Later in development, serotonin is transiently taken up by certain glutamatergic neurons found in the thalamus, limbic cortex, hypothalamus, retinal and superior olivary nuclei (Lebrand et al., 1996, Beltz et al., 2001). These so-called transient serotonergic neurons are involved in sensory processing. Lacking both Tph and AADC, the two enzymes necessary for serotonin synthesis, they take up extracellular serotonin via membranous serotonin transporter (Xu et al., 2004). Although SERT expression is seen only during a window of activity-dependent patterning, these neurons continue to express serotonin receptor 1B (5-HT-1b), thus retaining the ability to respond to the neurotransmitter. Because of their reliance on extracellular serotonin, serotonergic transients are likely to be more vulnerable to changes in extracellular serotonin levels during activity-dependent patterning. As such, aberrant patterning of areas of the cortex innervated by these neurons may contribute to the developmental effect of SSRIs. The mechanism by which serotonin effects the development of these regions is still controversial (Gaspar et al., 2003, Xu et al., 2004, Persico et al., 2000).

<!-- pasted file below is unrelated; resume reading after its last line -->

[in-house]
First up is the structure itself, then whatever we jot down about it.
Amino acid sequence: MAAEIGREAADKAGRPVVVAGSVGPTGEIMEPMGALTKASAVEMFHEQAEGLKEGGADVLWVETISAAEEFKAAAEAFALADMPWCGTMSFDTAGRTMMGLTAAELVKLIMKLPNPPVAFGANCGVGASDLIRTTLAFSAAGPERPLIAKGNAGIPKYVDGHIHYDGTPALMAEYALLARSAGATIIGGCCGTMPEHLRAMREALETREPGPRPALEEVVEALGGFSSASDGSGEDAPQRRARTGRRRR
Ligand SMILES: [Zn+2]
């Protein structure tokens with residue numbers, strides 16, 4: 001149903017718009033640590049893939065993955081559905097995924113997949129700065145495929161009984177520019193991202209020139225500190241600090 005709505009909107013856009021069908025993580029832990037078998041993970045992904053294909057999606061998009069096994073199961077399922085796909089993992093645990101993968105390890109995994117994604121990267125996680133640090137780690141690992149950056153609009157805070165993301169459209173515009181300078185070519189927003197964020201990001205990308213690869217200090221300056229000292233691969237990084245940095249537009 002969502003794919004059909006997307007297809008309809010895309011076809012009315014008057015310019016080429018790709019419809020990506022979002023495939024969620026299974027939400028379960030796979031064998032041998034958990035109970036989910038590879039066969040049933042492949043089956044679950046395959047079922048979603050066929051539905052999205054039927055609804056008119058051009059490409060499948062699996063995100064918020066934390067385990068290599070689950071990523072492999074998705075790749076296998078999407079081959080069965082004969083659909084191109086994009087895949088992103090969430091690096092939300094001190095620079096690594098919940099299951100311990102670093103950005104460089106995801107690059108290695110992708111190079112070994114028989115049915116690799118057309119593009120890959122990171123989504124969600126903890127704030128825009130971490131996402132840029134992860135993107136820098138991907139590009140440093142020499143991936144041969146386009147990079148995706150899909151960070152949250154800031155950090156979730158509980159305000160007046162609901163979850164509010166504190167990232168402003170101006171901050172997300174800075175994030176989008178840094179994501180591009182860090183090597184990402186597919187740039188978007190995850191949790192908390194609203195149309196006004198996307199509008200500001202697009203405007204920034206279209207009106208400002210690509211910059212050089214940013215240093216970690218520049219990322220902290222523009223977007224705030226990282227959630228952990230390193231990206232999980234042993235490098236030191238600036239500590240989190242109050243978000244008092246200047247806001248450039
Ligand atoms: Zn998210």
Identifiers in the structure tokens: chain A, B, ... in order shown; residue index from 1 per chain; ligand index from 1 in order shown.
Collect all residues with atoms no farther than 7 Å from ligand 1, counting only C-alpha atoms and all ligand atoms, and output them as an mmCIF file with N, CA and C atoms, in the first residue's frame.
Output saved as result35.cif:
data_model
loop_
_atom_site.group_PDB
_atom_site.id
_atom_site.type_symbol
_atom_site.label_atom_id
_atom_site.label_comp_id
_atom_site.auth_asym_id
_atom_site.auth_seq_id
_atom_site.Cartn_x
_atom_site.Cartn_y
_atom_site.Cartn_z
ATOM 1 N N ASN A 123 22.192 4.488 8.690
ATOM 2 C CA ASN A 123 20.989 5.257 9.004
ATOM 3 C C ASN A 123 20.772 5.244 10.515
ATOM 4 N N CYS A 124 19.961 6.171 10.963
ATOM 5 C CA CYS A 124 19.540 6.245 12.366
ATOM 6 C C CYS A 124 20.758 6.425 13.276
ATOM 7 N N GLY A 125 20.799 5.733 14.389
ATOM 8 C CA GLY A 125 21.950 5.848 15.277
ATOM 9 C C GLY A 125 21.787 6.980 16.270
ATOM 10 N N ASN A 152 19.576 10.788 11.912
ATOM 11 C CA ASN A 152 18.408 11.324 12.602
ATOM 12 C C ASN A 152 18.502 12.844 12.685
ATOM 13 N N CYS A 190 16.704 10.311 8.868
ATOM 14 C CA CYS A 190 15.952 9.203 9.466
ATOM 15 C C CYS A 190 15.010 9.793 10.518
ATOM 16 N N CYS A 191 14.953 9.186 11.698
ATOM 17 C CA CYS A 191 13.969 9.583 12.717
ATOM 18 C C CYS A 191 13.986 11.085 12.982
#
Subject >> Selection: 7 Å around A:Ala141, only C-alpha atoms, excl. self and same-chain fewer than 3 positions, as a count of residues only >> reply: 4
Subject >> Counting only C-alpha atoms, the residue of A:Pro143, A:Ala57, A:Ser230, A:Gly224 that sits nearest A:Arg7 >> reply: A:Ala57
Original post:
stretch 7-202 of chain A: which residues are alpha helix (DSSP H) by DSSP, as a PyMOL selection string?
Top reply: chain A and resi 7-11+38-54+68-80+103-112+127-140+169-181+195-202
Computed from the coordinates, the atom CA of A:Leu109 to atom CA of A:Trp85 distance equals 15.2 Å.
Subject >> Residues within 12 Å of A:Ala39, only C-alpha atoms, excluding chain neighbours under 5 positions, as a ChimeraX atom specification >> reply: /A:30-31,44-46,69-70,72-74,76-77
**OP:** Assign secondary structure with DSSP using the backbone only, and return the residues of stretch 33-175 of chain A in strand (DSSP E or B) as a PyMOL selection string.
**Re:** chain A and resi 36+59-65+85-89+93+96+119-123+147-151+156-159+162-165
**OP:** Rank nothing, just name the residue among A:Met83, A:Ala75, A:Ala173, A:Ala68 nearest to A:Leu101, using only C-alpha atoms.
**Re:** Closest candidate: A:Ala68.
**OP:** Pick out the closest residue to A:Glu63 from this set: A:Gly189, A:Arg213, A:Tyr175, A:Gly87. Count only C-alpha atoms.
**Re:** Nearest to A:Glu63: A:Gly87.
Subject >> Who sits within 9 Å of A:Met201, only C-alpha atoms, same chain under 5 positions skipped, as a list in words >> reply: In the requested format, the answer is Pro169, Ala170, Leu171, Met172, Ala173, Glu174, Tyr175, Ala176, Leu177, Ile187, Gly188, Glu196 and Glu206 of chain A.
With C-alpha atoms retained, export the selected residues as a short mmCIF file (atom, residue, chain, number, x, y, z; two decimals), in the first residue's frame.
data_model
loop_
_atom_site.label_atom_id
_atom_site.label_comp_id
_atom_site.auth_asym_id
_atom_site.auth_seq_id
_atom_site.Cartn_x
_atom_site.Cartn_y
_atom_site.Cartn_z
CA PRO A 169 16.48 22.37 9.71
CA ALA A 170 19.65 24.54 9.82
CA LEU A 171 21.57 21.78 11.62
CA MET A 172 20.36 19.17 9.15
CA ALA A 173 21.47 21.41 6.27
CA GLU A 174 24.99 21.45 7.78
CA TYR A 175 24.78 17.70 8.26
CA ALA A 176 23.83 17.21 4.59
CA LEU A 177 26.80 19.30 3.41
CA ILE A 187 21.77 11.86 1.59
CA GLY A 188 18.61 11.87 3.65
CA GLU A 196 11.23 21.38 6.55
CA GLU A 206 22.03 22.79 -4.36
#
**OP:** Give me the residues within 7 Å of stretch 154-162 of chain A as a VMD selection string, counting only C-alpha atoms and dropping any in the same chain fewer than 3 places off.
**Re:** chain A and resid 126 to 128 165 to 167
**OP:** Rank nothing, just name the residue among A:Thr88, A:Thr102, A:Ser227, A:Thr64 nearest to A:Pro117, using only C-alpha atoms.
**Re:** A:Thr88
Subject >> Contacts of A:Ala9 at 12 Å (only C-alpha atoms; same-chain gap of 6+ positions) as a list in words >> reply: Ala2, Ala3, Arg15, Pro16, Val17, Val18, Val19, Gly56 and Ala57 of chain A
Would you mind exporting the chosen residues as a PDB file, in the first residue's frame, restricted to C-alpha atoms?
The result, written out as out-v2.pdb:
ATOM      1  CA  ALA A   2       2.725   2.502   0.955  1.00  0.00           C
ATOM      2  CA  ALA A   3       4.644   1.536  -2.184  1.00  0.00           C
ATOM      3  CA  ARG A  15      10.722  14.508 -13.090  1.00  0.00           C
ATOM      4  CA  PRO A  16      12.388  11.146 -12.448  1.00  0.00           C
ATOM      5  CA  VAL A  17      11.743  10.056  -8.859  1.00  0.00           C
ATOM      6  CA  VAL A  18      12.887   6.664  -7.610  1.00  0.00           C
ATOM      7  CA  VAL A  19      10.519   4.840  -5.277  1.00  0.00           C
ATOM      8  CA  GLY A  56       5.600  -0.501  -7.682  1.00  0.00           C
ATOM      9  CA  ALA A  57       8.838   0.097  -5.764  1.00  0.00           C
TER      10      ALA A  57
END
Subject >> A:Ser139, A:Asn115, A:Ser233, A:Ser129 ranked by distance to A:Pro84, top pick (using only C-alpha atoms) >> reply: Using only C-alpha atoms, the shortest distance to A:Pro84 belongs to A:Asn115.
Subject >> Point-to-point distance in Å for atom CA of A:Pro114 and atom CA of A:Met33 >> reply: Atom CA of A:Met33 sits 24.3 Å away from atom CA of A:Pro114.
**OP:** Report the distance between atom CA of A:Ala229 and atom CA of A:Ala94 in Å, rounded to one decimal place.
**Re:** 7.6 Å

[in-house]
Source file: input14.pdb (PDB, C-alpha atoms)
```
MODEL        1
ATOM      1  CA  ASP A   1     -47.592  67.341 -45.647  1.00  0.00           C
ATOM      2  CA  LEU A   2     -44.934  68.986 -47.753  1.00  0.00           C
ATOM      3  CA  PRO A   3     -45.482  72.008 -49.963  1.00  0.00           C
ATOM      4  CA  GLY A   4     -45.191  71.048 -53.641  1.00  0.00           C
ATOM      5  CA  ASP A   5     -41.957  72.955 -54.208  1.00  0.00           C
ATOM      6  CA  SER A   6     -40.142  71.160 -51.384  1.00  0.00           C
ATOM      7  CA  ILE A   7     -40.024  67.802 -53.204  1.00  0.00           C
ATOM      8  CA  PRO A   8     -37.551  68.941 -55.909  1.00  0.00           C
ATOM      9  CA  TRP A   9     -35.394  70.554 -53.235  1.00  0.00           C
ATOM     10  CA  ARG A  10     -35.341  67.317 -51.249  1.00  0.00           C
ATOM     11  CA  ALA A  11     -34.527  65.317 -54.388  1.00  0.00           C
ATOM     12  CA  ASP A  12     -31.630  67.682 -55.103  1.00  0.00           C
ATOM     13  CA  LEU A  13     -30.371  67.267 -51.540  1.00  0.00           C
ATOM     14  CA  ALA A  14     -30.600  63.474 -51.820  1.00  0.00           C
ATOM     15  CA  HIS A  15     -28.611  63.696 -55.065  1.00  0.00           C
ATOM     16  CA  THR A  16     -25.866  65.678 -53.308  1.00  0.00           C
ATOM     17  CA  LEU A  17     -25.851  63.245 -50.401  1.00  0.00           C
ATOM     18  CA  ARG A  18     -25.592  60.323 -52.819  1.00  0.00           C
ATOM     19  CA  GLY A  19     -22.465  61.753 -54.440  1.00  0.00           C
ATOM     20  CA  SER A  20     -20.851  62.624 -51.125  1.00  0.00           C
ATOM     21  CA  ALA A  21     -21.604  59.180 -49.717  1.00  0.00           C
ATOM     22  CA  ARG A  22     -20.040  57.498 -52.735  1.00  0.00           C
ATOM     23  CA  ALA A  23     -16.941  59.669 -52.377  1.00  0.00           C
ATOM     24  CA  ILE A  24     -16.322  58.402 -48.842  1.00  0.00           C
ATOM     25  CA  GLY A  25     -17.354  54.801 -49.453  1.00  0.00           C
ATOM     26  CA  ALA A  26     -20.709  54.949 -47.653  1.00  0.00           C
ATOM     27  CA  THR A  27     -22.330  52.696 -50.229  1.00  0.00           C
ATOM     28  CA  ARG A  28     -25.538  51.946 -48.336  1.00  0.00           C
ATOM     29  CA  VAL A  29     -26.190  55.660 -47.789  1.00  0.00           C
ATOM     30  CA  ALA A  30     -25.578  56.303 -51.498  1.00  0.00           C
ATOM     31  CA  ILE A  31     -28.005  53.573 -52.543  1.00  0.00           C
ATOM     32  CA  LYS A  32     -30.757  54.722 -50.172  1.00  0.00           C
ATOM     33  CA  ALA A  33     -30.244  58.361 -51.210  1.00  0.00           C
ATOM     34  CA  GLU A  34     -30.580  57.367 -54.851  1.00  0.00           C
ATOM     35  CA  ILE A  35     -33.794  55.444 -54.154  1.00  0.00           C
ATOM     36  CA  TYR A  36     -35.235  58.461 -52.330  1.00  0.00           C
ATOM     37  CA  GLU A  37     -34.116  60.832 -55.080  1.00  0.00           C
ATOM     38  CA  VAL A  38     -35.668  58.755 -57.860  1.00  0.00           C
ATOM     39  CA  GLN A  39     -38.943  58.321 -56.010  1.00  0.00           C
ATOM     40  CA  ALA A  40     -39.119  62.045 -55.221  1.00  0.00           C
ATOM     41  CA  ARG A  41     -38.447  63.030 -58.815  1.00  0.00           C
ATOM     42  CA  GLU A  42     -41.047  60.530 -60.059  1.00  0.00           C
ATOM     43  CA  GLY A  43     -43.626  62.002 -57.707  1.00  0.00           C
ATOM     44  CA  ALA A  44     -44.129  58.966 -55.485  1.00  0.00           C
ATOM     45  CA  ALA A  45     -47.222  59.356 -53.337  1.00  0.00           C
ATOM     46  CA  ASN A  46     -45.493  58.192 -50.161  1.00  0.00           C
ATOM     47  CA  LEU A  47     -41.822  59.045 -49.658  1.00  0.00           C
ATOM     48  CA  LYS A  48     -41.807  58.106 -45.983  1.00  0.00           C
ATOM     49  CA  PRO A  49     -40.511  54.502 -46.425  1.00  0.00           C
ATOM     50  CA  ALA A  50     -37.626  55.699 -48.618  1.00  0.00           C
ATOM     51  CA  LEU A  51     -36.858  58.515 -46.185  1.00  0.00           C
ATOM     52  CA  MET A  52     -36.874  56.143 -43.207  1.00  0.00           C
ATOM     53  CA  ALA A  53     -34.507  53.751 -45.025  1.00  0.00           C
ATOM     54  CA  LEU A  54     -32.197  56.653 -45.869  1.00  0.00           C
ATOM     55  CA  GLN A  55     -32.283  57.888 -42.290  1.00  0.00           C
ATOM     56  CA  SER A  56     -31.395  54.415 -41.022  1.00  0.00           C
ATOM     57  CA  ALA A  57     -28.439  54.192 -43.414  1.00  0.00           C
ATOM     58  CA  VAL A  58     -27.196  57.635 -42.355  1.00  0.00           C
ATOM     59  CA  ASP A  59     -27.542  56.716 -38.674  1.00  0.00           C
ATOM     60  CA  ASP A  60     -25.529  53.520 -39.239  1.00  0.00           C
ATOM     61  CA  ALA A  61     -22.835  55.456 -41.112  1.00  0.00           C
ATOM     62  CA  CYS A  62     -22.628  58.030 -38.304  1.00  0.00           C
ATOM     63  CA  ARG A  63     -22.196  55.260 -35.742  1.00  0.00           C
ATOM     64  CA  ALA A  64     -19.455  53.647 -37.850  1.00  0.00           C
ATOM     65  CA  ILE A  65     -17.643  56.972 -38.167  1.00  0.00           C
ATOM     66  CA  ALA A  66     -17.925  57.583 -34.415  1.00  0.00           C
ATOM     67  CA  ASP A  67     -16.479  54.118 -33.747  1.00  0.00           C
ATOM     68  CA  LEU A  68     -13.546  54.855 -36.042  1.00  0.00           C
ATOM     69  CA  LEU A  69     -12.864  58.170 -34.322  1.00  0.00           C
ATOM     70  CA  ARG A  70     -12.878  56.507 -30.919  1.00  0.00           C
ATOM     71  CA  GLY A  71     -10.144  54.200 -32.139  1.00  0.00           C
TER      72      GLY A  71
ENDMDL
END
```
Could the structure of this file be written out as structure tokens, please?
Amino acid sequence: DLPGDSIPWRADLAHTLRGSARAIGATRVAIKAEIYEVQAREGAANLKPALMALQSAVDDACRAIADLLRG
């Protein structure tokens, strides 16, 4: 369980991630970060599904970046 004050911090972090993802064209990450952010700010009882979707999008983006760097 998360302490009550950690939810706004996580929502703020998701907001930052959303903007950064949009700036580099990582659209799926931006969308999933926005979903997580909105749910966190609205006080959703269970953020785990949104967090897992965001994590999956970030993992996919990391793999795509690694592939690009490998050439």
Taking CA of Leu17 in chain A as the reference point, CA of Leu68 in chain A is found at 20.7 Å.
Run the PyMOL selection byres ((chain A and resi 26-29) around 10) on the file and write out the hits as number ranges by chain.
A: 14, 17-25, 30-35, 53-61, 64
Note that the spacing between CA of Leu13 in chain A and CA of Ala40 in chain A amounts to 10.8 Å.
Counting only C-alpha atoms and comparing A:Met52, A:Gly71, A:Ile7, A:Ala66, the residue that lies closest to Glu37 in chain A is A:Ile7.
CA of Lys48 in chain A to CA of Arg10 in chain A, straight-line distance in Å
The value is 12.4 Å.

Out of the multitude of targets innervated by the transients, the barrel field area of the primary somatosensory cortex is the most investigated in rodent models. Here, inputs from each whisker of the snout normally map onto a precise cluster of projections corresponding to it (D’Amato et al., 1987, Rebsam et al., 2002). Due to the precise stereotyped distribution of neurons, subtle patterning defects can be examined. Therefore, analysis of the barrel area map is a powerful tool for understanding the structural consequences of altering serotonin levels during development.